Hval’s voice is one of the most stunning sounds since Bjork’s seminal howls, but with an intimacy, tactile closeness, and sensuality that is thoroughly her own.

“In my singing there are many consonants,” Hval says. “In most pop music it’s just a bunch of vowels compared to what I am doing. I love using consonants, they’re very sensual. You can create a lot of different energies with them. It doesn’t have to be just too wordy or annoying it can also have elements of sensual sound that you just can’t get without them. It’s like having a very detailed image of a body, one that includes all the wrinkles, how that can be more sensual than a body that is airbrushed. There are elements of airbrushing even down to lyrics and what people to do with their mouths in lots of pop music. At the same time, everything is presented as hypersexual but they lose out with language. For me it’s about pronunciation. That is more important for me even than singing in key. I think pronunciation is very emotional.”

After working up demos using Reason and her Universal Audio Apollo Twin interface, Hval went into The Best Studio in Oslo to cut vocals where Marhaug works in the relatively new editing software program, Reaper. Hval’s vocal tracking process includes multiple complete takes, punchingin, and comping.


“We worked with mostly digital software, rather than hardware,” she says. “The instruments are mainly analog, [but] we did some tracks on my Juno 106. I forgot to tune it, so we got some interesting results when we added instruments later. There was a lot of tuning going on. I also have a small Casio keyboard; it’s three octaves and has a lot of sounds like flute that doesn’t sound like flute, but it sounds good—that ’80s sound.

“Sometimes we put things through pedals that Lasse bought from India and China. Lasse’s a noise musician, so most of his stuff is really unusual. When we started, he said, ‘Oh, you have a keyboard, with keys on it.’ He doesn’t work with melodic music. That was an interesting experience because I write melodies and pop songs, and although they sound strange they’re still pop songs. He hears textures instead of music tones. That added to the record’s sound-scapey qualities and made it more of a narrative experience than an experience with songs and parts and musical terms. To me this record is completely free of musical terms.”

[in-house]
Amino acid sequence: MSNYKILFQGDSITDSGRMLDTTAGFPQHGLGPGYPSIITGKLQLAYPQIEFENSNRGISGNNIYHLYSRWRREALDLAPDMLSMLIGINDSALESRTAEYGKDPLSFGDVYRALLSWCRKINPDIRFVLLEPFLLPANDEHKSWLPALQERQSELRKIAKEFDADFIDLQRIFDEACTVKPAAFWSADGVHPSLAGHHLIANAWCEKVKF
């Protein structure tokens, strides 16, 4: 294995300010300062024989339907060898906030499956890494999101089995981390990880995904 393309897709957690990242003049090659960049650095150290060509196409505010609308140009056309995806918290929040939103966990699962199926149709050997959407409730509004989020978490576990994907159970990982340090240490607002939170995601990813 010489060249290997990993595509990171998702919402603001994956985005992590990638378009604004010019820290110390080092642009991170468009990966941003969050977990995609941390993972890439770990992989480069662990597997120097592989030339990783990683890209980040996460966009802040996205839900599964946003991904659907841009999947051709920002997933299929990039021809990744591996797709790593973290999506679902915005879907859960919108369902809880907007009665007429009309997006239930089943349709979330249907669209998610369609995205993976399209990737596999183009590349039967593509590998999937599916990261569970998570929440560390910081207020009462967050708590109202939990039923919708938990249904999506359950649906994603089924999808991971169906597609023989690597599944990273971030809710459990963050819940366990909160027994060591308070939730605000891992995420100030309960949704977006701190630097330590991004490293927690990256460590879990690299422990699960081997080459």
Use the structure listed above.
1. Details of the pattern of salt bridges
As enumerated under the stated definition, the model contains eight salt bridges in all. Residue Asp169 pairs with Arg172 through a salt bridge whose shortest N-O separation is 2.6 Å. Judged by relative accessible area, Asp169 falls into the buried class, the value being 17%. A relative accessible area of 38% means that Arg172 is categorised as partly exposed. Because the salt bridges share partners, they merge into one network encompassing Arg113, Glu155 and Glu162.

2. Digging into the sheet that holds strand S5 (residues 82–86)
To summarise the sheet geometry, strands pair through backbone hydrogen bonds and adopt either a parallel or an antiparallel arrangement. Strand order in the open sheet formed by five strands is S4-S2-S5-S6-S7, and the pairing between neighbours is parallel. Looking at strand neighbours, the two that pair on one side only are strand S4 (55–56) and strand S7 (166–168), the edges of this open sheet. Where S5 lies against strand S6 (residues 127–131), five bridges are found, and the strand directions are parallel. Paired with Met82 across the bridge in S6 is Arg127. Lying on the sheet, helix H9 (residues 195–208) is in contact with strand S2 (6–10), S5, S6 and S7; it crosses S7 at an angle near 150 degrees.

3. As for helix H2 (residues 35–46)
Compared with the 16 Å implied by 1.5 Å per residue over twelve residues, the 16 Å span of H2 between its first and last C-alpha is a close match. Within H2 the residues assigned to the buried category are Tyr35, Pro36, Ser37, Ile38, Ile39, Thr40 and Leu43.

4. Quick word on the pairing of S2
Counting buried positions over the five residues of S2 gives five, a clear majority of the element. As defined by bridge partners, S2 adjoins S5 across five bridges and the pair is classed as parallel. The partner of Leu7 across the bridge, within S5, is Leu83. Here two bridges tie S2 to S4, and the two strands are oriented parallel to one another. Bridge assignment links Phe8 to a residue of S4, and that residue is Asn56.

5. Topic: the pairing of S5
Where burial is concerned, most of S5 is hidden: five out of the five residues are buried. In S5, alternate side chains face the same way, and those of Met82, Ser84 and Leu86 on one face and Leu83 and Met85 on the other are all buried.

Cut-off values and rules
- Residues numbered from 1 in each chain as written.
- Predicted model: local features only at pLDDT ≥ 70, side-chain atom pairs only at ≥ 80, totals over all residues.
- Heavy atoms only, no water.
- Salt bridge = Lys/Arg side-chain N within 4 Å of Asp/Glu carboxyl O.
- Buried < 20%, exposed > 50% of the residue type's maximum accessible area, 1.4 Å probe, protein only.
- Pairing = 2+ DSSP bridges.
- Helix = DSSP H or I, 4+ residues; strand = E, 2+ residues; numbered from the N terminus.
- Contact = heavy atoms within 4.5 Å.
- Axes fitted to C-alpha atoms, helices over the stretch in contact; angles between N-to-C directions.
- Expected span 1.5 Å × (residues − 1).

Keyboardist Øystein Moen also contributed to Apocalypse, Girl, bringing old- and new-school technology to bear. “I mostly added on top of what Lasse and Jenny had recorded earlier, and replaced some of the synths Jenny had recorded,” Moen says. “Jenny asked for the synth sounds to be analog and warm, so I brought a SQ Prophet 600, Korg MS20, Moog Voyager, and a Mellotron M4000D. We often ran them through a Roland RE-201 or/and a Strymon Timeline, to get some room to the sound. I think Lasse used a RME Fireface 800 for recording it to his Reaper DAW. We didn’t add much FX to the synths after we recorded them, because we spent quite a lot of time tweaking the sounds in preproduction.

Jenny Hval’s vocal mic is a Wunder Audio CM67. “Lyrics and production go hand in hand with my work,” she says. “A lot of the music is produced already, just by the way the words sound. When Lasse [Marhaug, producer] and I discuss production, we focus not only on the words, but how I say them and how they can be presented in a recording. More than anything we were trying to figure out how to make the vocals sit within a specific type of production that we were developing.” “I just started putting out ideas on each track, both in terms of melodic/harmonic stuff but also the sounds itself, so when we found something that worked, we recorded it. My musical suggestions were merely based on me improvising, as this is something I often do in my more experimental bands.”

Additional recording was done by Thomas Oxem at The Worst Studio in Oslo, as well as by performed by Rob Halverson at Halversonics Recording, Austin; Sam Grant at Blank Studios, Newcastle upon Tyne; and Hval at MoE HQ, Oslo. Apocalypse, Girl was mixed by Marhaug and mastered by Marcus Schmickler (aka Pluramon) at Piethopraxis, Cologne.

Apocalypse, Girl also features the work of many musicians, including Hval on effects and keyboards; Håvard Reite Volden, guitars and bass; Kyrre Geithus Laastad, drums; Okkyung Lee, cello; Rhordri Davies, harp; Lars Myrvoll, beats, and Syster Alma, sampling. But the instrumental accompaniment sounds more often like gasping synths and eerie, rustling rhythms than like anything conventional. The apparent sound of a casket being dragged across a floor is actually cellist Okkyung Lee manipulating her strings. Whirring tones in “Heaven” are the detritus of an ancient pump organ. Apocalypse, Girl overall is the sound of Hval’s vocals soaring from consoling to scary (“Heaven”) with accompaniment that could be blood curdling and vocal jabber (“Why This”), symphonies squashed and streamlined (“Heaven”), deep-space alien surgery (“Some Days”), or an alternate Phantom of the Opera soundtrack (“Sabbath”).